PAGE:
SpaceX Looks to Add 30,000 New Satellites to Starlink Mission

SpaceX's constellation of Starlink internet satellites may be expanding beyond the 60 the company launched aboard a Falcon 9 rocket from Cape Canaveral, Florida in May.

Earlier this week, the Federal Communications Commission (FCC) filed paperwork with the International Telecommunication Union (ITU) on behalf of SpaceX, requesting permission for the production and deployment of 30,000 Starlink satellites, Space News reported.

If granted, the project will be able to add to the 12,000 broadband satellites already approved by the FCC, as well as the 24 Starlink launches planned for 2020.

Experts say the cost of this undertaking could reach $60 billion without the potential deployment of the 12,000 satellites, Business Insider wrote Friday.

"As demand escalates for fast, reliable Internet around the world, especially for those where connectivity is non-existent, too expensive or unreliable, SpaceX is taking steps to responsibly scale Starlink's total network capacity and data density to meet the growth in users' anticipated needs," a SpaceX spokesperson said in a statement, according to Space News.

Space.com reported that SpaceX founder and CEO Elon Musk said the Starlink satellites—which were initially made to provide high-speed internet service to people all over the world—won't be able to provide "minor" coverage until about 400 fully-operational space vessels have been launched.

However, there is "no guarantee SpaceX will end up launching the already-approved 12,000 satellites," the outlet also noted.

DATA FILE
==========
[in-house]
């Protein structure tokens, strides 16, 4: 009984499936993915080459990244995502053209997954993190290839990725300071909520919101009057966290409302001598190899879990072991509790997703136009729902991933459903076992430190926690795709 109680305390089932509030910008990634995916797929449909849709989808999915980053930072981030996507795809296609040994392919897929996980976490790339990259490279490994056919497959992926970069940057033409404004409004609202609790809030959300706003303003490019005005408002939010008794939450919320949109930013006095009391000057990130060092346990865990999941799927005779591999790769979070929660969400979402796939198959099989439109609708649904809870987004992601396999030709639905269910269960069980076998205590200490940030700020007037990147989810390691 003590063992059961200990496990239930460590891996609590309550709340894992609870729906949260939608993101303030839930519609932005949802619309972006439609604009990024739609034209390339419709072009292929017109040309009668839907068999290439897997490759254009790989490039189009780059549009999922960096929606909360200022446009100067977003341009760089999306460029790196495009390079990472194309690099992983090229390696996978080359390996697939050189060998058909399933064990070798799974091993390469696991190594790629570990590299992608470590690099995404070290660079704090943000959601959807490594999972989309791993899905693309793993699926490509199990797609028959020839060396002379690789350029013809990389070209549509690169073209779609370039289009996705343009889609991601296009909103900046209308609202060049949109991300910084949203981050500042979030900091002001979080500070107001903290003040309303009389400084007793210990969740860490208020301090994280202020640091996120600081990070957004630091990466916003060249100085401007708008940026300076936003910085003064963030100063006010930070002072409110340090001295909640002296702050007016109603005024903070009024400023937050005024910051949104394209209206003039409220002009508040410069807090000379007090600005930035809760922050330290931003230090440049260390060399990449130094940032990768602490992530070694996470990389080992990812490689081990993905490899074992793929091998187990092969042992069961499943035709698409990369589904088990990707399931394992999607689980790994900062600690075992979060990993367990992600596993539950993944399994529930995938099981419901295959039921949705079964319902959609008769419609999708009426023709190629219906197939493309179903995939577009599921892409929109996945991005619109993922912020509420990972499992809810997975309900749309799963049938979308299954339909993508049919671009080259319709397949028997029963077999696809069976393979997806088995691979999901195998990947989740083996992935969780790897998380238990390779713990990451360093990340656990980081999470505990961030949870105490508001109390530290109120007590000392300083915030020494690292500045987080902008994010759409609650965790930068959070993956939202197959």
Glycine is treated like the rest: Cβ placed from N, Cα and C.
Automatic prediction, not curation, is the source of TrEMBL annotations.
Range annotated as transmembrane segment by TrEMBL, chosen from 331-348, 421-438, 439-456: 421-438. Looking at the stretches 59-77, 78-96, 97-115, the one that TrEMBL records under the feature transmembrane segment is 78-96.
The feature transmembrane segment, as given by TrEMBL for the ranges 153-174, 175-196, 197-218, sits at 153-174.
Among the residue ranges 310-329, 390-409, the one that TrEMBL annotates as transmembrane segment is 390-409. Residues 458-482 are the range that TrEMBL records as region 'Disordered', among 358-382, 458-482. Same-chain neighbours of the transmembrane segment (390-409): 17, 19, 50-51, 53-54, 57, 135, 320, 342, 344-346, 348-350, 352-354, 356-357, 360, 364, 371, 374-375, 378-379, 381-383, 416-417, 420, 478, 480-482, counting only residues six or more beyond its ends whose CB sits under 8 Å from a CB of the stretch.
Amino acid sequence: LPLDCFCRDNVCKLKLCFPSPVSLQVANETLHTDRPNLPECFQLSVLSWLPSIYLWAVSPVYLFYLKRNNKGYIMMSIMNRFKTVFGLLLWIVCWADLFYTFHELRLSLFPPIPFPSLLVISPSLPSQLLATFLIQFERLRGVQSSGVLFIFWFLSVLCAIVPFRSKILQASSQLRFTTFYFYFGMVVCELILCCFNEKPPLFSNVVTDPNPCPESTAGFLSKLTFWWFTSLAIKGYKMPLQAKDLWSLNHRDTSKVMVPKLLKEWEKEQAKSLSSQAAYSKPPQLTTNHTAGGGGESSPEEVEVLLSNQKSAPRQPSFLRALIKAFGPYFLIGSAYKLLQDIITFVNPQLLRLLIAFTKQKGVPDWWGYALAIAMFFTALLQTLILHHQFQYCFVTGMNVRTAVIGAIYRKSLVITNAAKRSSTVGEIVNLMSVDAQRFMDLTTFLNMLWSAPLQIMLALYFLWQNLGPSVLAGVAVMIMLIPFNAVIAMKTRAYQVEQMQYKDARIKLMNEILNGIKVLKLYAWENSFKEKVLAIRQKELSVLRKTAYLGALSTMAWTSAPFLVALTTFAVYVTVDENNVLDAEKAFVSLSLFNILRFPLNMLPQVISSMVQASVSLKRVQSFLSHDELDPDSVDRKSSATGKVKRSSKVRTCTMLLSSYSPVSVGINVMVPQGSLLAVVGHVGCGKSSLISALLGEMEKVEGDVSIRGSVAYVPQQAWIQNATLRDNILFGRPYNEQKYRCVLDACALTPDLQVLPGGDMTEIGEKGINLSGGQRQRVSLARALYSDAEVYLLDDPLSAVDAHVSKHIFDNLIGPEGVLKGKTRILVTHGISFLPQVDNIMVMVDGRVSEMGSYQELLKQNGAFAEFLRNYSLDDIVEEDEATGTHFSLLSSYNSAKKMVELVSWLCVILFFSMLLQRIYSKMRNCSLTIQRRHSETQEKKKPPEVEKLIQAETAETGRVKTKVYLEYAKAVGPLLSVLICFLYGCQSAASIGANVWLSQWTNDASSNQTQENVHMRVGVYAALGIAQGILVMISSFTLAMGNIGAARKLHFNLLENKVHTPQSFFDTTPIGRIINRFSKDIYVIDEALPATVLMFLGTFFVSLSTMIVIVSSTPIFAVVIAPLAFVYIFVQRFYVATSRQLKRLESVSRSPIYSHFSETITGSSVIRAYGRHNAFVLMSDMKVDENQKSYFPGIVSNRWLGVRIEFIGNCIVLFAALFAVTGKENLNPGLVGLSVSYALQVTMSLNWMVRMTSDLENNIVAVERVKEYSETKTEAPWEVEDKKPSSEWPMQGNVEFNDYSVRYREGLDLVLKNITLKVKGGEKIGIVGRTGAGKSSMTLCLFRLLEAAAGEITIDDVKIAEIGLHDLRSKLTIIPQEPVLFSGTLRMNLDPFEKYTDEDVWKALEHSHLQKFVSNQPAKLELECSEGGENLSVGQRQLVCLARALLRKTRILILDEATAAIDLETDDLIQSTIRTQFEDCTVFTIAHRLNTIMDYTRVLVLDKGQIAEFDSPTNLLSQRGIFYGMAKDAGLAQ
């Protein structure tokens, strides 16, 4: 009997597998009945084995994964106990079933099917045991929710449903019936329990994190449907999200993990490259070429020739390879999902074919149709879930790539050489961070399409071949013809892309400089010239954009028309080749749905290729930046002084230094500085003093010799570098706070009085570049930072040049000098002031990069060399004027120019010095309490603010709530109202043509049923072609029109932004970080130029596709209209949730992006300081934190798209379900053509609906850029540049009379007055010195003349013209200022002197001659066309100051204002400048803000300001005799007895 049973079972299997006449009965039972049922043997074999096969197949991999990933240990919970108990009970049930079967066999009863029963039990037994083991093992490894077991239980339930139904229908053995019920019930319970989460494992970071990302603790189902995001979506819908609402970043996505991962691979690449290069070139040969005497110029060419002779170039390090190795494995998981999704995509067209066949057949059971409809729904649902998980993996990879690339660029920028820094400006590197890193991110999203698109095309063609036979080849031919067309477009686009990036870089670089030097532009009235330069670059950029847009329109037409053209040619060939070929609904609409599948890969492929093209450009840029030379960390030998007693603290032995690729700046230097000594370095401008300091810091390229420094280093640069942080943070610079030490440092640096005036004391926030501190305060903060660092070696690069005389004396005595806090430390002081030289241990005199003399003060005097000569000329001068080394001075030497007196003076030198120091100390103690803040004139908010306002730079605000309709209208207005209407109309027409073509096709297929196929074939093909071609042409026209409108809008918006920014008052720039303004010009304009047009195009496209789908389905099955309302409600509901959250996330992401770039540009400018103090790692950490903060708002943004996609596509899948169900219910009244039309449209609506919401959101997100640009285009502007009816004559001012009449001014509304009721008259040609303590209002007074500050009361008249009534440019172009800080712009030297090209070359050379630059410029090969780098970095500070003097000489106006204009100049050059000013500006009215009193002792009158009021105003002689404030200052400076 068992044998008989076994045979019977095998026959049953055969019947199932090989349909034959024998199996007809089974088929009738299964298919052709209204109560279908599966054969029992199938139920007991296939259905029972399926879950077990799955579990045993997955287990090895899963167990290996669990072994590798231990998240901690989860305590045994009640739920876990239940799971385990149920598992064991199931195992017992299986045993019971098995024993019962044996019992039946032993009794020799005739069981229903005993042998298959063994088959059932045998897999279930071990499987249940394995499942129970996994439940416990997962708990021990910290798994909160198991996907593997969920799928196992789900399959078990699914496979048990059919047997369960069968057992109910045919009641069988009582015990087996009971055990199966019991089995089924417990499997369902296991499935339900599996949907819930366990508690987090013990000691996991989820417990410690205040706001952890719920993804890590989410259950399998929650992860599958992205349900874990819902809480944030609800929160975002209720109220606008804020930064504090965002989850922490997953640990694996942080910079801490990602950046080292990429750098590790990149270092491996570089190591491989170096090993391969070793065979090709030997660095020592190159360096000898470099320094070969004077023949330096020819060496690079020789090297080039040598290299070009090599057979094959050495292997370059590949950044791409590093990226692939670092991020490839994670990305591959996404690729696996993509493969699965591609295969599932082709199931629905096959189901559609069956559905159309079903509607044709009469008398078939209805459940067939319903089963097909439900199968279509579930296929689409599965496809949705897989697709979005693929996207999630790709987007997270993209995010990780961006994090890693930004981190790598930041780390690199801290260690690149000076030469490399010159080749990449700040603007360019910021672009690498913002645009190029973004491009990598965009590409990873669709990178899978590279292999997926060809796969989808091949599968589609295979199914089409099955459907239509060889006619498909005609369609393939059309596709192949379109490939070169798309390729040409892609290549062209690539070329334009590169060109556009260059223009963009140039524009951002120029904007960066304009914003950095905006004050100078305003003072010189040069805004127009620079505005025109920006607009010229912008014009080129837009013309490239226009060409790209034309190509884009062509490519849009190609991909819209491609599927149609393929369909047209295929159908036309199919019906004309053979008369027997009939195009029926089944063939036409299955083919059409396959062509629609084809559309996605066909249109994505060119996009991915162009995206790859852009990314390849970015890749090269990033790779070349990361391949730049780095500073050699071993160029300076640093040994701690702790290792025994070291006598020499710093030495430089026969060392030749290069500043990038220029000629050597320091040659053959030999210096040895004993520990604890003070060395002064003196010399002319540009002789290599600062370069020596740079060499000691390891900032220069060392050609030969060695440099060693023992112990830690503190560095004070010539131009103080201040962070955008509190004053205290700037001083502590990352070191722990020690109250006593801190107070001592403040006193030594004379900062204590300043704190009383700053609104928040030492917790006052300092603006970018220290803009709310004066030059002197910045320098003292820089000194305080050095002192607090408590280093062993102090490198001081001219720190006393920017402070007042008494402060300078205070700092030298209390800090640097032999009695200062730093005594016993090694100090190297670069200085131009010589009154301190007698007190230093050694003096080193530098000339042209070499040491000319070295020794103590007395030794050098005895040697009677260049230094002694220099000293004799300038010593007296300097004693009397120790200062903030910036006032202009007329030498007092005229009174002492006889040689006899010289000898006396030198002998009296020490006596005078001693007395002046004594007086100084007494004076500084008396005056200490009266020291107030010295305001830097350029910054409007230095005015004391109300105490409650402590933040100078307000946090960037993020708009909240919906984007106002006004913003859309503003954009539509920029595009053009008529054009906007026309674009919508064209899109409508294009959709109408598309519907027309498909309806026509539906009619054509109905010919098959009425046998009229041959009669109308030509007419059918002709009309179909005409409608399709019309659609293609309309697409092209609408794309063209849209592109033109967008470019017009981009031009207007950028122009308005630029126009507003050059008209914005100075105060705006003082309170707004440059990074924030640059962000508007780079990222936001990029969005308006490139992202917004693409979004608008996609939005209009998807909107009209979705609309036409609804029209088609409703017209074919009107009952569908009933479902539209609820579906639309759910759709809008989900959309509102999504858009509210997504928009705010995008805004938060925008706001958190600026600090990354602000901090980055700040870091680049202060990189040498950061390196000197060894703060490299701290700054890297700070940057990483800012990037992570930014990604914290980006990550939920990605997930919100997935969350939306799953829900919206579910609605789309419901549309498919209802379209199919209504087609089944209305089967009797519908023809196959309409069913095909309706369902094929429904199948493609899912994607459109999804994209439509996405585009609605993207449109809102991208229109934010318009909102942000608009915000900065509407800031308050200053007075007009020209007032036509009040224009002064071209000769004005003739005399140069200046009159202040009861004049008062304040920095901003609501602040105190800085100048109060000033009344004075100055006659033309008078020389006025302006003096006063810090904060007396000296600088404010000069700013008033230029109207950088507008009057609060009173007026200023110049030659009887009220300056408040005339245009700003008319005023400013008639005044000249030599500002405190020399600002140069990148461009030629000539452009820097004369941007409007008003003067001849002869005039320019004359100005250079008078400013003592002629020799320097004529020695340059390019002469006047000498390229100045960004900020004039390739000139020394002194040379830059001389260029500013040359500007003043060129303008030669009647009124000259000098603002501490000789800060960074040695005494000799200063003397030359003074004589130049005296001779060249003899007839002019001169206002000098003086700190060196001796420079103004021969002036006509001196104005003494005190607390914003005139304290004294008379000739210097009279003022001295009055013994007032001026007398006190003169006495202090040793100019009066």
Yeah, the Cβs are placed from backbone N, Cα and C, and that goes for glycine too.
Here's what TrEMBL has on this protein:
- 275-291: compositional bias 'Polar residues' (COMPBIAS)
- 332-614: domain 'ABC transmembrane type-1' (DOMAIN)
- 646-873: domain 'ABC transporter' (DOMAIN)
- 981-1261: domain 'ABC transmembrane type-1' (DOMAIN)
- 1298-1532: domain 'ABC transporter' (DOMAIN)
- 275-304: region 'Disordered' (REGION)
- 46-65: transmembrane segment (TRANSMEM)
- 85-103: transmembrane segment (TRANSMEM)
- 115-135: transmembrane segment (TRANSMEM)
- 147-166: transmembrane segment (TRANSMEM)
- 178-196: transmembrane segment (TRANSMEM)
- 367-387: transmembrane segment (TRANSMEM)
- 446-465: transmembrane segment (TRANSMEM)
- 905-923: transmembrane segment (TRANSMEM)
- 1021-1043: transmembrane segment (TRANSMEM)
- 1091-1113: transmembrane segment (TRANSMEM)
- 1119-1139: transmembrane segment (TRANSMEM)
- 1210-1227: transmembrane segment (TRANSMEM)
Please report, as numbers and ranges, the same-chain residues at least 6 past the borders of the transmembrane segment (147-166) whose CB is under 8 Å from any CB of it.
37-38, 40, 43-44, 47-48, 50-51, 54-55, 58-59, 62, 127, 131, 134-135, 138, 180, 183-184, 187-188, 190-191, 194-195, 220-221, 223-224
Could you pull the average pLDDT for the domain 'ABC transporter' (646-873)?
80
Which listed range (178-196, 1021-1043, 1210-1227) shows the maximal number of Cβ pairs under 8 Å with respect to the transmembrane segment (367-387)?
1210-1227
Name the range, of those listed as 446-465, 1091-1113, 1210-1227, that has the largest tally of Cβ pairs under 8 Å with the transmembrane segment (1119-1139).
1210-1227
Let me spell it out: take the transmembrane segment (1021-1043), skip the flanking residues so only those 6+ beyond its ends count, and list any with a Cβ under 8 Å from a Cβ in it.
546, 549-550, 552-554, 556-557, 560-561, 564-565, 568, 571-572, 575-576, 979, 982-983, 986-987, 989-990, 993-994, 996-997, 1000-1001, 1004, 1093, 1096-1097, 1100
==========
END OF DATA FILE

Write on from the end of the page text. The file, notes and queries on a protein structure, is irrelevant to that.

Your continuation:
First announced in 2015, the Starlink mission was created partly as a financial stepping stone for other SpaceX ambitions, such as sending humans to Mars. Its success would be used to bolster projects like the Starship spacecraft and Super Heavy rocket—a developing system that would carry humans between the earth, moon, and mars.

Following an appearance on a panel Wednesday, SpaceX President and Chief Operating Officer Gwynne Shotwell discussed the sustainability of the Starship rockets.

They will "move people and cargo to distant locations or to not so distant locations but in rapid order," she told Space News. "It is important that these systems be reusable."

As previously reported by Newsweek, the SpaceX raised the bar for reusable space travel in August with the completion of the Dragon capsule's third mission.

Elon Musk
NASA Administrator Jim Bridenstine (L) and SpaceX founder Elon Musk shake hands at the conclusion of a press conference announcing new developments of the Crew Dragon reusable spacecraft, at SpaceX headquarters in Hawthorne, California on October 10, 2019. PHILIP PACHECO/AFP via Getty Images/Getty

The capsule, carried by a Falcon 9 rocket, returned more than 2,700 pounds of scientific experiments and other cargo, NASA said in a statement.

"A better understanding of silica morphology and the relationship between silica structure and its properties," it continued, "could provide improvements for increased fuel efficiency, which would reduce transportation costs and help to protect Earth's environment."

SpaceX Looks to Add 30,000 New Satellites to Starlink Mission | U.S.